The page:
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Category: Dear Frankie Reviews
Article Date: June 28, 2005 | Publication: Scripps Howard News Service | Author: MIKE PEARSON

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("Dear Frankie." Miramax. DVD. 106 min. Rated PG-13. $29.99. In stores July 5. Grade: B+.)

"Dear Frankie" is the sort of film that would never have been made by an American studio. It's too warm, too sweet _ too devoid of explosions.

Start with the bittersweet premise: For years, Lizzie Morrison (Emily Mortimer), the mother of a deaf 9-year-old named Frankie, has been writing letters to her son pretending to be his merchant-seaman father. Frankie writes back, of course, and Lizzie answers. She has been doing it for years, regaling Frankie with Dad's exotic travels, never dreaming that the ship whose name she made up would one day dock in the town where they live.

How to grant her son his wish to meet his father when the dad he imagines isn't real? She decides to hire an itinerant seaman (Gerard Butler) to play the boy's pop for a day. Who knew a bond would form between them? Who knew that she would fall for him, too?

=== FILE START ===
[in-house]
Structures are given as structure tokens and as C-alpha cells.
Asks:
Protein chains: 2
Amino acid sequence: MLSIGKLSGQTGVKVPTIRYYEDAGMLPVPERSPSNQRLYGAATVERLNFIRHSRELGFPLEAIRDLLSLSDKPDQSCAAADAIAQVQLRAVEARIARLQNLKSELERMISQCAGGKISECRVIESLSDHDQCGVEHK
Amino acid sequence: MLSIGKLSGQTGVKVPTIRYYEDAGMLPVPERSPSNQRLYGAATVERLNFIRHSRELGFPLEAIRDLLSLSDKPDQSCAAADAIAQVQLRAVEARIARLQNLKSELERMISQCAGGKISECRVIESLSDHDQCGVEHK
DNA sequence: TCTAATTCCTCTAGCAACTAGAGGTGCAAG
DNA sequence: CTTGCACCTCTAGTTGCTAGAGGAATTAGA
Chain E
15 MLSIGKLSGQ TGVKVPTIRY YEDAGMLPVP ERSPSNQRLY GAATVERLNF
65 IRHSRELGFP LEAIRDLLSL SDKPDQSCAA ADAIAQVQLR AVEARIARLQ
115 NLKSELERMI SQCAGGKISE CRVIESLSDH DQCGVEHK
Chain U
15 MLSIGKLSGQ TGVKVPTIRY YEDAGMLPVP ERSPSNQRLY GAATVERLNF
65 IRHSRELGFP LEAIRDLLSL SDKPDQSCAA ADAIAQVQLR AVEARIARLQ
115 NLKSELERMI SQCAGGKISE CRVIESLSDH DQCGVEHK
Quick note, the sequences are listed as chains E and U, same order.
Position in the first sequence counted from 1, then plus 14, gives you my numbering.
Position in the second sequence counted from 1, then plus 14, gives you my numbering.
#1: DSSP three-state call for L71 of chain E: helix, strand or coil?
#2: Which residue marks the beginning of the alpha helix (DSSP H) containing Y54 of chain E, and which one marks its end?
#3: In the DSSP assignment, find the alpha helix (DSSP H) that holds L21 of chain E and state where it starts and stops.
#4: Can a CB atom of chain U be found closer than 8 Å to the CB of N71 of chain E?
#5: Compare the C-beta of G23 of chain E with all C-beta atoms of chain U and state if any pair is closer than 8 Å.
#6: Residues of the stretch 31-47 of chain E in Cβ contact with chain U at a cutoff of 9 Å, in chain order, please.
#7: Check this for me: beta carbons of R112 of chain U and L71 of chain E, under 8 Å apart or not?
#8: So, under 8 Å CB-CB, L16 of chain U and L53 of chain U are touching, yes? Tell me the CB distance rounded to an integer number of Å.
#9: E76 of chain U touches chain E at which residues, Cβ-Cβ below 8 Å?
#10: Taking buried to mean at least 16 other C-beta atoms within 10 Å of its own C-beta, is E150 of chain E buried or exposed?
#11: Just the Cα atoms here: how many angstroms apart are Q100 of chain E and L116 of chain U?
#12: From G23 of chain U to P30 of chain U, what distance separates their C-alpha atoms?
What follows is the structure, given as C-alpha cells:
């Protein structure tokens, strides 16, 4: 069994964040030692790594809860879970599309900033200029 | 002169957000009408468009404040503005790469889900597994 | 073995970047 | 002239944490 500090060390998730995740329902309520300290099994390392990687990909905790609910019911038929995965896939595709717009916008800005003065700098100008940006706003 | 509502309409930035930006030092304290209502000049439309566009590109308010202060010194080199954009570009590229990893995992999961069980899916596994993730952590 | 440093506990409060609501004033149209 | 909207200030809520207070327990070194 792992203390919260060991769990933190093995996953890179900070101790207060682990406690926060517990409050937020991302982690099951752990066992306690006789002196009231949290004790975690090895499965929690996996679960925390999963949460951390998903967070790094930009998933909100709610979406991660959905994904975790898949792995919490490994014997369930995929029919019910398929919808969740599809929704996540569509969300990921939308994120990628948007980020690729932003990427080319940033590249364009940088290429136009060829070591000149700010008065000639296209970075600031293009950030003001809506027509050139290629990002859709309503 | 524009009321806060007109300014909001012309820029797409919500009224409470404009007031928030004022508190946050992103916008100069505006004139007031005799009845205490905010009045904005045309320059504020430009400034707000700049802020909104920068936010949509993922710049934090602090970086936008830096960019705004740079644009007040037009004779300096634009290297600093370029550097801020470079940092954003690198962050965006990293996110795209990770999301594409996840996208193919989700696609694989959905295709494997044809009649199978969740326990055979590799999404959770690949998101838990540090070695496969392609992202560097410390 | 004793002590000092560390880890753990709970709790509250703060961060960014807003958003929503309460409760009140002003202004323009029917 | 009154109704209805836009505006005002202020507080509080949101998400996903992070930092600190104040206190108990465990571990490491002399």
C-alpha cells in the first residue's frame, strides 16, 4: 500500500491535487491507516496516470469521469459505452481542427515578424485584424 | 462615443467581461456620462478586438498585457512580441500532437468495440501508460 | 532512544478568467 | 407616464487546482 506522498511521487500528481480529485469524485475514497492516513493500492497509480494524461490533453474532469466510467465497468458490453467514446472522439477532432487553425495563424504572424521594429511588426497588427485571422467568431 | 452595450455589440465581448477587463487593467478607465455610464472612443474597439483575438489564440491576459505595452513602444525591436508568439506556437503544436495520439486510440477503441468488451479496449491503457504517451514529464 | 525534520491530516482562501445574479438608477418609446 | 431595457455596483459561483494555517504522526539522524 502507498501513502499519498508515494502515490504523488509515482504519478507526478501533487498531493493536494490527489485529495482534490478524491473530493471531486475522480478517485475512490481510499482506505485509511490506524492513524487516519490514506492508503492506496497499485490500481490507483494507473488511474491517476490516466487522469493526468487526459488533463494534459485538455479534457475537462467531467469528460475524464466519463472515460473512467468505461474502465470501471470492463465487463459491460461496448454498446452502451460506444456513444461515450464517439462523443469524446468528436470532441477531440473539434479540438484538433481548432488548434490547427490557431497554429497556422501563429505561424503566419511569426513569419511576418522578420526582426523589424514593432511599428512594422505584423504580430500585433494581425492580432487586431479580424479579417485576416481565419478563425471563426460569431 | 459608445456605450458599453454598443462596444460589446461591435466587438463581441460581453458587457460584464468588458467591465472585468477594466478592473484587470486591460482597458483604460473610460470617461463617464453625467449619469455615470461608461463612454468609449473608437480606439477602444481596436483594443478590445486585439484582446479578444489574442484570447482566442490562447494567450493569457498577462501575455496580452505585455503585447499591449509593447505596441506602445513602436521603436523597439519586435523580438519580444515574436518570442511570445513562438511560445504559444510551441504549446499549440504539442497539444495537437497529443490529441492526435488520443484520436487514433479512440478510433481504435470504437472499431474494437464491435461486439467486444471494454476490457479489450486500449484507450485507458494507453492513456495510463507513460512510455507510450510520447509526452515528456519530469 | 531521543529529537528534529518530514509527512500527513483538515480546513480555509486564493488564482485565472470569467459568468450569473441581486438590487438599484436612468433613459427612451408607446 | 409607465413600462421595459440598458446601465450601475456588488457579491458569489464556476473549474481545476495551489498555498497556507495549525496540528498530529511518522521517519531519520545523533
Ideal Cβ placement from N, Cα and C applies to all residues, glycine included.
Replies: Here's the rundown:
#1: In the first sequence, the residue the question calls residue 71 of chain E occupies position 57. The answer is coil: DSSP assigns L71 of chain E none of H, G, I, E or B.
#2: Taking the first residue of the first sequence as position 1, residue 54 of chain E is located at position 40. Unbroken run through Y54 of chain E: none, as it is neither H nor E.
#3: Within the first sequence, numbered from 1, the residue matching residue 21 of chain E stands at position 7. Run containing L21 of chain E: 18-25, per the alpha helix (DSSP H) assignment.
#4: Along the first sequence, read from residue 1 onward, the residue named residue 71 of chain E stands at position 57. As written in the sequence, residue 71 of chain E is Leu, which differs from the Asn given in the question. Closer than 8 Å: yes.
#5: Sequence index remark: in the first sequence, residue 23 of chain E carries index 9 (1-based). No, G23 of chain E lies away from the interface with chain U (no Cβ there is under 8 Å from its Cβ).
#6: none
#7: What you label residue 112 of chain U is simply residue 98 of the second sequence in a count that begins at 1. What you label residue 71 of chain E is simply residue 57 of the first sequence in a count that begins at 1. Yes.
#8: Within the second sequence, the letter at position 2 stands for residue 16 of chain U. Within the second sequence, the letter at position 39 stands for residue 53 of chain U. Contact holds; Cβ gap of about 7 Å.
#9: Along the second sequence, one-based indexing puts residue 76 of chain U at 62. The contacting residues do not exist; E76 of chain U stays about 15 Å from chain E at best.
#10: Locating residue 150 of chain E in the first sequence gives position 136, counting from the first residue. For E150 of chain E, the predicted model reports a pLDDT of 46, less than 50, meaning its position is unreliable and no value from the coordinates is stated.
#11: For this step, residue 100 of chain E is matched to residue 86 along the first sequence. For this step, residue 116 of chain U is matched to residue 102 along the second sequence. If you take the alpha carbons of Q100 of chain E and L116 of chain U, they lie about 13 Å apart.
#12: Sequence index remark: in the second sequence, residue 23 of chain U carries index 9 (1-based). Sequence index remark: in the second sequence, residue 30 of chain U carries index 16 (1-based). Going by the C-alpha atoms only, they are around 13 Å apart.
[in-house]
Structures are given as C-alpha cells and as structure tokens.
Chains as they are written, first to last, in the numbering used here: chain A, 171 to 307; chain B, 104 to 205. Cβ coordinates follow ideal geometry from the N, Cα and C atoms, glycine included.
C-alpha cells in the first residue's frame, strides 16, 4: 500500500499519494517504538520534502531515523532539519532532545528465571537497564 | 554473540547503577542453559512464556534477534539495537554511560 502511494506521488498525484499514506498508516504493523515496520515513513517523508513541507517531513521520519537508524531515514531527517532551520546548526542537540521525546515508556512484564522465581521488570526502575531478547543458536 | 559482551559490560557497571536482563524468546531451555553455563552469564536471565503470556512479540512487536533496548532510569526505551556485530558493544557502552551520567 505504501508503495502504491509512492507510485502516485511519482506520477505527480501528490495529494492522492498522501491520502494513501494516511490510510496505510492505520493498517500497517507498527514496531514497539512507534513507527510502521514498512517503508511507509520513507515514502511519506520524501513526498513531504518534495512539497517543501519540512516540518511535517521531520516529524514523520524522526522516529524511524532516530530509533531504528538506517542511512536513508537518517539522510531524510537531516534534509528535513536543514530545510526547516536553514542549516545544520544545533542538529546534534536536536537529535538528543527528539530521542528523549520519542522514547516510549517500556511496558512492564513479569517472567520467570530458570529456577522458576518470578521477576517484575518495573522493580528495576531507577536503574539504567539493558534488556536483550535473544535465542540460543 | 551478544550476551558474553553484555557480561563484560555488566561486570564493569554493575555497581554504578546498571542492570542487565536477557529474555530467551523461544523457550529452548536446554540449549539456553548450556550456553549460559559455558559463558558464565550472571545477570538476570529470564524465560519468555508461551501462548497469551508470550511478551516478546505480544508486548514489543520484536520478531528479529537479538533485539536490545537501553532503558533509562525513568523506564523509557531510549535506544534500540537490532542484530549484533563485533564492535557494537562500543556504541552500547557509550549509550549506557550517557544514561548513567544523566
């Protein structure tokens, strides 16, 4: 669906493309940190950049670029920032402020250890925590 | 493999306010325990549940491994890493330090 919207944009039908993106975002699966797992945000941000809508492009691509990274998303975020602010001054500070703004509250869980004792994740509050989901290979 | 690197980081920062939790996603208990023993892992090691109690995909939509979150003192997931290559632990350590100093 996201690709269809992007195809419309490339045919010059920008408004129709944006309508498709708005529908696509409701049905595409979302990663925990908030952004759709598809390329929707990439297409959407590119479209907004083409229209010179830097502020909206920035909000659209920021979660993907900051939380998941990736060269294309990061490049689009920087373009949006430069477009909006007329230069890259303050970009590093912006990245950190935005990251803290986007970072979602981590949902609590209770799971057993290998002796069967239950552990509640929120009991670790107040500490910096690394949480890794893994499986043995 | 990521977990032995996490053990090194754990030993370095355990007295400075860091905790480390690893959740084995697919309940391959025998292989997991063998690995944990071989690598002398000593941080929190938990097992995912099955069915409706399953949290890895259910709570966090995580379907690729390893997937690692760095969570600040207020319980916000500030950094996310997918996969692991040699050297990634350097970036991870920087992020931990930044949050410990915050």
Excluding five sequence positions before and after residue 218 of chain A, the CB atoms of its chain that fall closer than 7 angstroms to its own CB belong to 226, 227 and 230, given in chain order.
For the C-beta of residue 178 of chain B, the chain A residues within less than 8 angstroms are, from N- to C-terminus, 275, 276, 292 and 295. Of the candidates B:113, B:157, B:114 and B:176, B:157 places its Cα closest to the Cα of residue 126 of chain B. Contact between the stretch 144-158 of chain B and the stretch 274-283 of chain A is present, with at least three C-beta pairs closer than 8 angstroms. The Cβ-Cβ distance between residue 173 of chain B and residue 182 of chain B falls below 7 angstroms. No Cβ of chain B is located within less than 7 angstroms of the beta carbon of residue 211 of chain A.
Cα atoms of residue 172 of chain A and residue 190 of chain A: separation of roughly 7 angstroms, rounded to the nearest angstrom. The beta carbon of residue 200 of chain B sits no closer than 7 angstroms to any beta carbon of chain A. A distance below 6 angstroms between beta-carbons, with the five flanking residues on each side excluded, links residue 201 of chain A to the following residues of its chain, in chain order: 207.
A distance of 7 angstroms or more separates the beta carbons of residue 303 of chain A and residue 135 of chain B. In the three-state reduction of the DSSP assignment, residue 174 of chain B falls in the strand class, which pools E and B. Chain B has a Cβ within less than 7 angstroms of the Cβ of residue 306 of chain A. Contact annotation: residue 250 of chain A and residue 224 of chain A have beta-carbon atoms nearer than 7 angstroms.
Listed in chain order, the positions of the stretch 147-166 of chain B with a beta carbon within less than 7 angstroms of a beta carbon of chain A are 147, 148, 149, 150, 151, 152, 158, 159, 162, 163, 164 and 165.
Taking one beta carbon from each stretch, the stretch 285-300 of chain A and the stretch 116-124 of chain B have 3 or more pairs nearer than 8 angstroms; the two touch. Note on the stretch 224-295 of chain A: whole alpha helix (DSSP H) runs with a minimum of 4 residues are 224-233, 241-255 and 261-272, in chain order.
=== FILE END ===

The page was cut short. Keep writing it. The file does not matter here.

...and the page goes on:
Andrea Gibb's understated script and Shona Auerbach's restrained direction make "Dear Frankie" a quietly powerful film. Mortimer strikes just the right balance of devotion to her son and fear. Butler, last seen in "The Phantom of the Opera," moves at just the right pace from gruff skeptic _ in it for the money _ to loner who finds a family.

At the center of it all is Jack McElhone, whose graceful performance holds the story together. His Frankie may be deaf, but he's no pushover.

There are complications, of course (will Frankie's real father surface at some point?), and the music tends to overwhelm some scenes. Yet, you come away from "Dear Frankie" knowing you've seen something special, not in your head, but in your heart.


(Mike Pearson is entertainment editor at the Rocky Mountain News,


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